How can a school best strike a balance between its uniform policy and its pupils’ right to manifest their religion or belief?

The case of P v A Local Authority (2007) (not yet reported) looked at the issue of uniform policy and religious belief. The school uniform policy stated that  jewelry was not part of the school uniform, and was not to be worn. A new female pupil joined the school. Before she joined, she and her parents signed a home-school agreement acknowledging that the school uniform policy had been explained to them, and that they would comply with it.

After she had been at the school for two years, the pupil began to wear a ‘purity ring’ as a symbol of her commitment to chastity before marriage. The head teacher told her that the ring was jewelry and was not permitted by the uniform code. He forbade her to wear it.

Human rights claim

The pupil’s father wrote to the head teacher claiming that the school’s refusal to allow her to wear the ring which, he argued, showed her commitment to abstinence ‘as an expression of her personal faith’, was in breach of her right to manifest her religion or belief contained in Article 9(1) of the European Convention of Human Rights as set out in Schedule 1 of Part 1 of the Human Rights Act 1998.

This provides that an individual has the right to freedom of thought, conscience and religion, and to manifest religion or belief in worship, teaching, practice and observance.

The school argued that the ring was representative of a moral stance, and not a necessary symbol of Christian faith.

Judicial review

A judicial review upheld the school’s decision. It was common ground that the pupil sincerely held the belief that she should practice sexual restraint, and that the appropriate framework for sexual relations was within marriage.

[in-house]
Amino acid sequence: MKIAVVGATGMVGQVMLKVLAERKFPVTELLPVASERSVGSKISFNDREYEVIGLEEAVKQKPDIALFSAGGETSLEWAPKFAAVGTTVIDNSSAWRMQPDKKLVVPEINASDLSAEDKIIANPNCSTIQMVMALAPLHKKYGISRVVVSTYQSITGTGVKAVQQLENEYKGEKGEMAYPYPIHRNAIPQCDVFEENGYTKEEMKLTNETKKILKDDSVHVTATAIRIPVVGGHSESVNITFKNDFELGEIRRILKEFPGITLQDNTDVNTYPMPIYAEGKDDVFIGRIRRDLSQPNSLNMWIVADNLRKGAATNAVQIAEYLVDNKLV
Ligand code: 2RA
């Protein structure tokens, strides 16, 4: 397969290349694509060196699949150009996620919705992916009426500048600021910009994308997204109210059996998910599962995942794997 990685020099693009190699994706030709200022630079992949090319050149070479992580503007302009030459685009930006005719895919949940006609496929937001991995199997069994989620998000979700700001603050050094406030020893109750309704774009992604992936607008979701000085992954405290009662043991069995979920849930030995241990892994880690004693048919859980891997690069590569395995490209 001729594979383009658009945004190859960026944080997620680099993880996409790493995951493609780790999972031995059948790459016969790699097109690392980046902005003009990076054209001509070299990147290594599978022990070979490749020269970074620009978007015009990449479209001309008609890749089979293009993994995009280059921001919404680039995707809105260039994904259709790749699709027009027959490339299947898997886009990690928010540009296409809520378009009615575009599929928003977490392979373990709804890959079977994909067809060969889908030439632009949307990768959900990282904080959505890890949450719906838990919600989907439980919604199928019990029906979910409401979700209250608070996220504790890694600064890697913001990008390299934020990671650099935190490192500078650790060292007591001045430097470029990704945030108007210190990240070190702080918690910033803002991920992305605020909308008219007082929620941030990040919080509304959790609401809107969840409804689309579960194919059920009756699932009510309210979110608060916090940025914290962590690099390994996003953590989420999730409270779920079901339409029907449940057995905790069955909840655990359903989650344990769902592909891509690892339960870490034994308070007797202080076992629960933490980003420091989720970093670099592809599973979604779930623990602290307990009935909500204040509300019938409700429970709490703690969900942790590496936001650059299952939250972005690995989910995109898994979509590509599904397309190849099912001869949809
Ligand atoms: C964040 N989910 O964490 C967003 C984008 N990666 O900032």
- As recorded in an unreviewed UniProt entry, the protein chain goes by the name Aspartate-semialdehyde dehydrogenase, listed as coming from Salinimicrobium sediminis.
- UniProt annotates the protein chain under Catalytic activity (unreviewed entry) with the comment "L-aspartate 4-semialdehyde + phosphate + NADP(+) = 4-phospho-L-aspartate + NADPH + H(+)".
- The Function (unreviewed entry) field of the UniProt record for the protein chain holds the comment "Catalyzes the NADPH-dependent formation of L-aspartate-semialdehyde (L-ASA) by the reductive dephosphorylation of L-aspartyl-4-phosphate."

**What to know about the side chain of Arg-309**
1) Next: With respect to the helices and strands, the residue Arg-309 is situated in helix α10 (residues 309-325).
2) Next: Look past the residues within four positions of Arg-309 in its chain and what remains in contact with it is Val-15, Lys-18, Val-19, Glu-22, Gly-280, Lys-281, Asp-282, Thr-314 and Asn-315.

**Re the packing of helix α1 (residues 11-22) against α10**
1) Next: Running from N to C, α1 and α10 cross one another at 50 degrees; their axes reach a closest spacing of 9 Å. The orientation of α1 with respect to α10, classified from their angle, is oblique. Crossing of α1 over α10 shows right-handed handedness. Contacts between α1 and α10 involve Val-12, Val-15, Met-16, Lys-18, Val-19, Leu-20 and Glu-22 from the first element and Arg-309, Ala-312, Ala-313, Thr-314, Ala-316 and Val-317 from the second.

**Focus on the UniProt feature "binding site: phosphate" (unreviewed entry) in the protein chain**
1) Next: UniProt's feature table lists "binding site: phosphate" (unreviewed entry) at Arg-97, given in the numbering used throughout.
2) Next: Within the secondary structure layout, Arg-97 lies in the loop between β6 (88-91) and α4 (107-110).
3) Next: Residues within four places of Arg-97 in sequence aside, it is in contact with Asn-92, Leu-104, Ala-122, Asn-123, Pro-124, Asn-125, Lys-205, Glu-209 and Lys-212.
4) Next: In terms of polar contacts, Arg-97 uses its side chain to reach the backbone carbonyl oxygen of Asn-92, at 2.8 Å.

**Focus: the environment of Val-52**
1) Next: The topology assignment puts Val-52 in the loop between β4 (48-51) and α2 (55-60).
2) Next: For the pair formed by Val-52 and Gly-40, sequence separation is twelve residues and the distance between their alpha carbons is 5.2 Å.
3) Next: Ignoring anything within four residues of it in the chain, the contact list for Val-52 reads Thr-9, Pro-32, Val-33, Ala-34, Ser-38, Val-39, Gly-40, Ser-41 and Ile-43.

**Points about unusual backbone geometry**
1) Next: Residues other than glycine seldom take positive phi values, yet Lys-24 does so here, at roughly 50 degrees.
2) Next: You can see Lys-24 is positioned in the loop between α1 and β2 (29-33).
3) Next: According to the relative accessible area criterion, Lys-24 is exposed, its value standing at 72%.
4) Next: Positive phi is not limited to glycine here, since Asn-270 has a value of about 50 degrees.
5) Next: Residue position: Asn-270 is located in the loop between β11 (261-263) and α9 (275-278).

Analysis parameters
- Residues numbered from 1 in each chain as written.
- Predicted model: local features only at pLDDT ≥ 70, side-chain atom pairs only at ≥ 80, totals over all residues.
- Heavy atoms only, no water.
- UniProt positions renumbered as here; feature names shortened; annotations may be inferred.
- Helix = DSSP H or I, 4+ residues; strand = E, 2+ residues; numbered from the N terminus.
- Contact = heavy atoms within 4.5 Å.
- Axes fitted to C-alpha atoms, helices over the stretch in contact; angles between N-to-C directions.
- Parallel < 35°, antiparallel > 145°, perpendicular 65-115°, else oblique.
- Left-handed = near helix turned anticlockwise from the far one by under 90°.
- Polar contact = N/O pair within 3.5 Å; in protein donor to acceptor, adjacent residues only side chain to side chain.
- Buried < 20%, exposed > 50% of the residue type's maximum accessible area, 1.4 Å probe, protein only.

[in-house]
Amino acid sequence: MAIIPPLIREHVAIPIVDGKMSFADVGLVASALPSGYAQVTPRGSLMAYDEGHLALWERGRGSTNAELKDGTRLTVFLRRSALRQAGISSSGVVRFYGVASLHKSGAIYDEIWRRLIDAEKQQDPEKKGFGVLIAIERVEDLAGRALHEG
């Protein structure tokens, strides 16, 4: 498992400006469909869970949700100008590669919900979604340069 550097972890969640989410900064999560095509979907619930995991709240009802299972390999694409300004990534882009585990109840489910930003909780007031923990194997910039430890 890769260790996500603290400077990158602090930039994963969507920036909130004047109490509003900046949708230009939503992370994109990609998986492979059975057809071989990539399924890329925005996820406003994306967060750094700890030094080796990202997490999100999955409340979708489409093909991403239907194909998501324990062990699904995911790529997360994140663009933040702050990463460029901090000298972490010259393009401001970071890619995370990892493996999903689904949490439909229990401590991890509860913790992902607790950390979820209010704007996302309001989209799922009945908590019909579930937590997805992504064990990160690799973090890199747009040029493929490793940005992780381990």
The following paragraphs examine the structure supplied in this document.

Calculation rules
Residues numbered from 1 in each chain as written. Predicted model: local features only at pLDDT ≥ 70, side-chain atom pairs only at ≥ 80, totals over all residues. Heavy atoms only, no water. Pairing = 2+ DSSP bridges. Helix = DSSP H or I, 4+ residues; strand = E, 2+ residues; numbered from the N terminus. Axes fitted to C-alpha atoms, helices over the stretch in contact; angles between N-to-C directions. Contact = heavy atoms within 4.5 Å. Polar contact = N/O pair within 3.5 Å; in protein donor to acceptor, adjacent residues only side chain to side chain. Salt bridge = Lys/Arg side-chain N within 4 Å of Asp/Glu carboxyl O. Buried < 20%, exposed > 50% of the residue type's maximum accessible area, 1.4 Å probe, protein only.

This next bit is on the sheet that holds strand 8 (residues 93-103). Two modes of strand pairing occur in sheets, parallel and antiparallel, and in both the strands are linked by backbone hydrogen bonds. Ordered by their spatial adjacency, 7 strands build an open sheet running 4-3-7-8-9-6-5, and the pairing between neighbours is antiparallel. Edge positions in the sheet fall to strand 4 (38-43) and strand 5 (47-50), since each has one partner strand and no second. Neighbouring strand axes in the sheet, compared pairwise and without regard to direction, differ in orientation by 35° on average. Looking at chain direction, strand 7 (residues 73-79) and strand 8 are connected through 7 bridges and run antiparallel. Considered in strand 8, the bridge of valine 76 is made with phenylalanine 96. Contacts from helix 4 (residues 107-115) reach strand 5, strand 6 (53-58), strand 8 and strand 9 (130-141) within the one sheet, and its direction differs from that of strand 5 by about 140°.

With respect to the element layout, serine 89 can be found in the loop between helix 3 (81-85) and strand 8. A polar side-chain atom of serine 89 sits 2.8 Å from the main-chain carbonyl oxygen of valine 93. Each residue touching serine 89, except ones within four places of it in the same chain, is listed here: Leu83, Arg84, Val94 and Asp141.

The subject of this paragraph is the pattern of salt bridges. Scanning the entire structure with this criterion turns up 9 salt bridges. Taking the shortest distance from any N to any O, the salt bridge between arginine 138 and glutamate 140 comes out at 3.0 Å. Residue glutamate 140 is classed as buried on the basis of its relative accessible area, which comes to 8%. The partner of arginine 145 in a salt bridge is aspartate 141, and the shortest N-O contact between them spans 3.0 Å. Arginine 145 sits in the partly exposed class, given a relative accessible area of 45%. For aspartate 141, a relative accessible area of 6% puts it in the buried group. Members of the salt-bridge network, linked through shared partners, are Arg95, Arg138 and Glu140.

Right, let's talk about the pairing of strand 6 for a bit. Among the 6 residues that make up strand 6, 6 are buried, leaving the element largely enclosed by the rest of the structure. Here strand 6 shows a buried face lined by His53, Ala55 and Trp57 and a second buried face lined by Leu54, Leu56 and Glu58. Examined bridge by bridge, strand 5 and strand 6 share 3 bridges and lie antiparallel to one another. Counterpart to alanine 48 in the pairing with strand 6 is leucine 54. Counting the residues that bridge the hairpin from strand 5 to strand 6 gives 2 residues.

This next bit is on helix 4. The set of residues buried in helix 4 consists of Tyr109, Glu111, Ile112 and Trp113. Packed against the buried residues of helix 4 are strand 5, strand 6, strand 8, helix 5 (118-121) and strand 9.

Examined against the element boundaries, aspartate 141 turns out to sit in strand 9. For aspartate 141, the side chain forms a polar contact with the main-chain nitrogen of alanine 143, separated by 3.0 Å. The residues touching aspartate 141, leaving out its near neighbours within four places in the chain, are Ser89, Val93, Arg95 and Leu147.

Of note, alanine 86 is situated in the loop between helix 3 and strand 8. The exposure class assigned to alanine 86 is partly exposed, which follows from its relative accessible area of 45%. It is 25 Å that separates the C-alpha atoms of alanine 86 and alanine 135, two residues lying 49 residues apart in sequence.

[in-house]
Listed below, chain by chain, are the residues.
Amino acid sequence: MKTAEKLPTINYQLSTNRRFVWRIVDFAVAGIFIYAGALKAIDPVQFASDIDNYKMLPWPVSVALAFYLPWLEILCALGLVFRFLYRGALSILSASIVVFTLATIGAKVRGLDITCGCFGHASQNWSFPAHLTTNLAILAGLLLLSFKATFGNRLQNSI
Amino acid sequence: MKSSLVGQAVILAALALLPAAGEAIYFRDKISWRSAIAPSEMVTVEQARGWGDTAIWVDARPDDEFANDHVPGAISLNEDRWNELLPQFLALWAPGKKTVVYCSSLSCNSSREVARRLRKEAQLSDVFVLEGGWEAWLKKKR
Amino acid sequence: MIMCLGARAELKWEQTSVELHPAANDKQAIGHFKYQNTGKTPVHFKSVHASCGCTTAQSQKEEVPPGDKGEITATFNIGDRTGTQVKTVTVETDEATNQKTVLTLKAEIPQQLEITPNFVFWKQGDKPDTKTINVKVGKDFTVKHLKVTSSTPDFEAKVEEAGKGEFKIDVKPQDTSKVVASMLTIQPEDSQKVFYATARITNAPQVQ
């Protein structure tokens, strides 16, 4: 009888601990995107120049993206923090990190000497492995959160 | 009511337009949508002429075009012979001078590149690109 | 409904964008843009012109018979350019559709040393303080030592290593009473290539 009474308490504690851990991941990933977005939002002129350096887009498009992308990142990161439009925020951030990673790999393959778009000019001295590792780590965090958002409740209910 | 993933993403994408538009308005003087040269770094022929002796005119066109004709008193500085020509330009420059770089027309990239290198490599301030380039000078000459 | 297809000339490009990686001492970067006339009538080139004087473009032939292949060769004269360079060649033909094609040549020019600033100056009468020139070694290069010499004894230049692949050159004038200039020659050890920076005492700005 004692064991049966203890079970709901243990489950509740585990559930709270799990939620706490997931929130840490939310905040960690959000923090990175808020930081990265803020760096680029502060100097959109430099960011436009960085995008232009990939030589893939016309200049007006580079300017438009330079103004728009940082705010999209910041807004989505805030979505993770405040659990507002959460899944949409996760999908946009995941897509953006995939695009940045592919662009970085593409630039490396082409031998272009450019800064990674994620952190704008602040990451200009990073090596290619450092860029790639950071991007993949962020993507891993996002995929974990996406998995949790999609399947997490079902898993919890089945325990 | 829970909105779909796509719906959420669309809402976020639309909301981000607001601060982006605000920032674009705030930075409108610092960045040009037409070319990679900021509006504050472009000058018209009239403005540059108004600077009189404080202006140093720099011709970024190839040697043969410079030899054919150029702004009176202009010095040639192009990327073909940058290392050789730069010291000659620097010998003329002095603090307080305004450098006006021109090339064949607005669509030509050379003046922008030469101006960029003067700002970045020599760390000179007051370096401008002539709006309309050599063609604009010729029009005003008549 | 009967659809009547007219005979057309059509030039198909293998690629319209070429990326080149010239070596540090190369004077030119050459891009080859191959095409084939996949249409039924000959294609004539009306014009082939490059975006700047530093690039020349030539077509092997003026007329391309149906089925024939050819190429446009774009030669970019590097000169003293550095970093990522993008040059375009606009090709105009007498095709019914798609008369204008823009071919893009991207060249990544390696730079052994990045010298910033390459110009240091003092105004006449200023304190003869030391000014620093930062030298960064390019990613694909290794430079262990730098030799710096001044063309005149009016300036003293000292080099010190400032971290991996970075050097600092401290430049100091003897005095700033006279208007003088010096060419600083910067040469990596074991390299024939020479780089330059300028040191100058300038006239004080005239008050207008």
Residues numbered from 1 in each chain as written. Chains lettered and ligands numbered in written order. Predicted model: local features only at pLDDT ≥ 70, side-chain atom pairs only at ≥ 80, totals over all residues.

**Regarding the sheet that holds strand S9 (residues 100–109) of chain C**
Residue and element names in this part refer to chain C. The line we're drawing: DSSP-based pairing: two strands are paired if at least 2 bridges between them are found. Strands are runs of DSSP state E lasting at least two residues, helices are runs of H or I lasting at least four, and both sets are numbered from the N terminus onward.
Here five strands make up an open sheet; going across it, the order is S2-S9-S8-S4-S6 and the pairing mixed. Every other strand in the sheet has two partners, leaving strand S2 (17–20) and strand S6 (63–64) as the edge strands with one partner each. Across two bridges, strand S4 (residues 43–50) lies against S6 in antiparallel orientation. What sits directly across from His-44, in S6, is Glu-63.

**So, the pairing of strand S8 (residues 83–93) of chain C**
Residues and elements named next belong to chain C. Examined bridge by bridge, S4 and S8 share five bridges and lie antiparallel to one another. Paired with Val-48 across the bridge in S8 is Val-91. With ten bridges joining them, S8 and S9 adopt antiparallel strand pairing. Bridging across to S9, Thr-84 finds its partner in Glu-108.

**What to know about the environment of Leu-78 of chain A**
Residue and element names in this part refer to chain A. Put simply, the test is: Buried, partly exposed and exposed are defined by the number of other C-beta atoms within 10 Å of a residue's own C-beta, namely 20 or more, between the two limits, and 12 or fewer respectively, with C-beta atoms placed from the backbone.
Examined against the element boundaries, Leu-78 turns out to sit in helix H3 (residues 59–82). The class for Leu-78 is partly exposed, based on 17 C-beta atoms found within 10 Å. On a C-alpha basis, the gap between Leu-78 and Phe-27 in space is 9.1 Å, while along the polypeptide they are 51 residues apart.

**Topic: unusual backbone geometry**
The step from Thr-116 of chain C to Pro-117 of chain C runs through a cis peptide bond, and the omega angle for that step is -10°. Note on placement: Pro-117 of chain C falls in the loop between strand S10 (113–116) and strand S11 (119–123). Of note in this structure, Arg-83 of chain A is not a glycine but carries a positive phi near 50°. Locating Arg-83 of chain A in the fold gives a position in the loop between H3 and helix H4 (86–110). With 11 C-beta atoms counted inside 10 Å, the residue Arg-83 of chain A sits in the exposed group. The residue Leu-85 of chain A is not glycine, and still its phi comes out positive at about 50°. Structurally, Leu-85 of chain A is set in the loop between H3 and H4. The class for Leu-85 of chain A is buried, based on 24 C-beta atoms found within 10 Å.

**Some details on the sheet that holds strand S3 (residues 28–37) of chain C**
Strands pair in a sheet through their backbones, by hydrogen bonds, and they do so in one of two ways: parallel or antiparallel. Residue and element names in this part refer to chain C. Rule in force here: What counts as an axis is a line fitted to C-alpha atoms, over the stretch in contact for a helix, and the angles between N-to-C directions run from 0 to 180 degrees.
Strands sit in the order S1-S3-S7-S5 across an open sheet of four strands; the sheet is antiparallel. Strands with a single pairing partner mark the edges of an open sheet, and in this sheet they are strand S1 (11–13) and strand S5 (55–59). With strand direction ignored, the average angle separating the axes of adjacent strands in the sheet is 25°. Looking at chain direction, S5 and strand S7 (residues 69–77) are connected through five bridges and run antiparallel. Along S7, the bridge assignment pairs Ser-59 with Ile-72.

The question was whether the wearing of the ring was an obligatory or necessary manifestation of her religious belief.

The Court ruled that:

  • Article 9 did not require that one should be allowed to manifest one’s religious belief at any time and place of one’s choosing
  • Article 9 did not protect every act motivated or inspired by a religion or belief in deciding whether a person’s conduct constituted manifesting a belief and practice for the purpose of Article 9 it was necessary first to identify the nature and scope of the belief
  • if the belief took the form of a perceived obligation to act in a specific way, then doing that act pursuant to that belief was itself a manifestation of that belief in practice
  • in every case the court had to have regard to the applicant’s seriousness, coherence and consistency

Not an obligation

The court held that the ring was not a religious artefact. Whatever it was intended to symbolize, it was a piece of jewelry. The wearing of it was not intimately linked to the pupil’s belief in chastity before marriage. This belief did not oblige her to wear it. Indeed, she did not suggest that she was so obliged. For these reasons, the school was not in breach of Article 9.

Her freedom to manifest religion or belief had not been interfered with, because she had voluntarily accepted the school’s uniform policy, and because there were other ways for her to practice her belief.

Facts and common sense

This seems to be a common sense decision. Its interest lies in the fact that it is the first Article 9 case to involve the Christian religion. The Begum and R v Y School cases involved Muslim dress (jilbab and niqab respectively).

In each case, the court first has to find the facts. There may, for example, be a distinction between the religious obligation for a Jew to cover his head while praying, and the importance an individual Christian attaches to a non-obligatory symbol such as the ring in this case.


The DfES has issued a consultation document (now closed) to enable it to provide clearer guidance on formulating uniform policy. The document emphasizes the importance of consultation, the requirement to consider the needs of particular groups, and the importance of documenting consultation.

The Muslim Council of Britain has published Meeting the needs of Muslim pupils in state schools, which explains what schools should consider when formulating a uniform policy.

Michael Segal is a district judge in the family division of the High Court